His first thoughts were to using this as a means of holding items in the workshop but his applying this to allowing the precise positioning of a light source led to the product we see around us today. Many modern table lamps used in offices and at home are based on the cantilevered and ‘counter-tensioned’ concept he developed and marketed as the “Anglepoise” lamp - designed and patented in 1932 and licensed to be produced by Herbert Terry Ltd.
He based the idea on the way human limbs are joined and tensioned and his design allowed the lamp head to be placed - and remain - in almost any position around the lamp-base. This was a great design innovation at the time and received a good deal of interest - especially following the acquisition of the patent by a Norwegian engineer and textiles designer, Jacob Jacobsen in 1934.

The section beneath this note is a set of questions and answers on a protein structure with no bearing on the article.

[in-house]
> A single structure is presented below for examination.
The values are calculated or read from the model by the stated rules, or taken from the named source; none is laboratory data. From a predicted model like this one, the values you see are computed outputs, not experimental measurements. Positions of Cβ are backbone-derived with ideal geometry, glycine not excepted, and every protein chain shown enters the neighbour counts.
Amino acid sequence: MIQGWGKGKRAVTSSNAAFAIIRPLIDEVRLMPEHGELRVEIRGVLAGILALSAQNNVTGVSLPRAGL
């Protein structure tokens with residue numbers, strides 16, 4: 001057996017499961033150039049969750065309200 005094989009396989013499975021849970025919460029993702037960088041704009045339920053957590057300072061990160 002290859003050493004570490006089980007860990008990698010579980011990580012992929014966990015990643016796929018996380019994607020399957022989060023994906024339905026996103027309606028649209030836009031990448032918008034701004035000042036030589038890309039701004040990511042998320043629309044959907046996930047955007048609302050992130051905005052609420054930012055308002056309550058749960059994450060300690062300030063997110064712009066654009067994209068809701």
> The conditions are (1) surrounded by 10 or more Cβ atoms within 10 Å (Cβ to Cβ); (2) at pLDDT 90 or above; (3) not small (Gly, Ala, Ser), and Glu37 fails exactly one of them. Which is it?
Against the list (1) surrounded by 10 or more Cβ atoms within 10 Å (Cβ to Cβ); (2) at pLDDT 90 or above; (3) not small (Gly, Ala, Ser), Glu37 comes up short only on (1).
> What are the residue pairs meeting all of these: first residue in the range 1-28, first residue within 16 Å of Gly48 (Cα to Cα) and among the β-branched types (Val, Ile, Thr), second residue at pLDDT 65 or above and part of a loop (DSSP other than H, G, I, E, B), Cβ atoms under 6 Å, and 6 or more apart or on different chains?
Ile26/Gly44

Jacobsen’s lamp; the Luxor L-1 is featured in the museum of Modern Art in New York. It had been Carwardine’s original idea to extend the spring-balance uses to supporting phones,
shelves and similar products - more in line with his own needs within his business but the application to the holding of a light source has resulted in the lamp product becoming a design - and an engineering icon - of the 20th Century.
Matching many of the requirements of 21st Century demands the lamp design holds its own in requiring less power when in use, since the area illuminated can be moved and directed. The effective light output level can also being changed by altering the distance between the lamp and the viewed area. Features such as these are inherent in the design of the product and result from the original need demanding that an item by placed exactly where it was required This part of the outcome of the design might realistically be expected in the requirement for a modern energy efficient lamp-product. ...
Illumination at the required level - easily adjustable on demand.
He based a lamp
design of his own
on the Anglepoise
and this has continued in production for many years.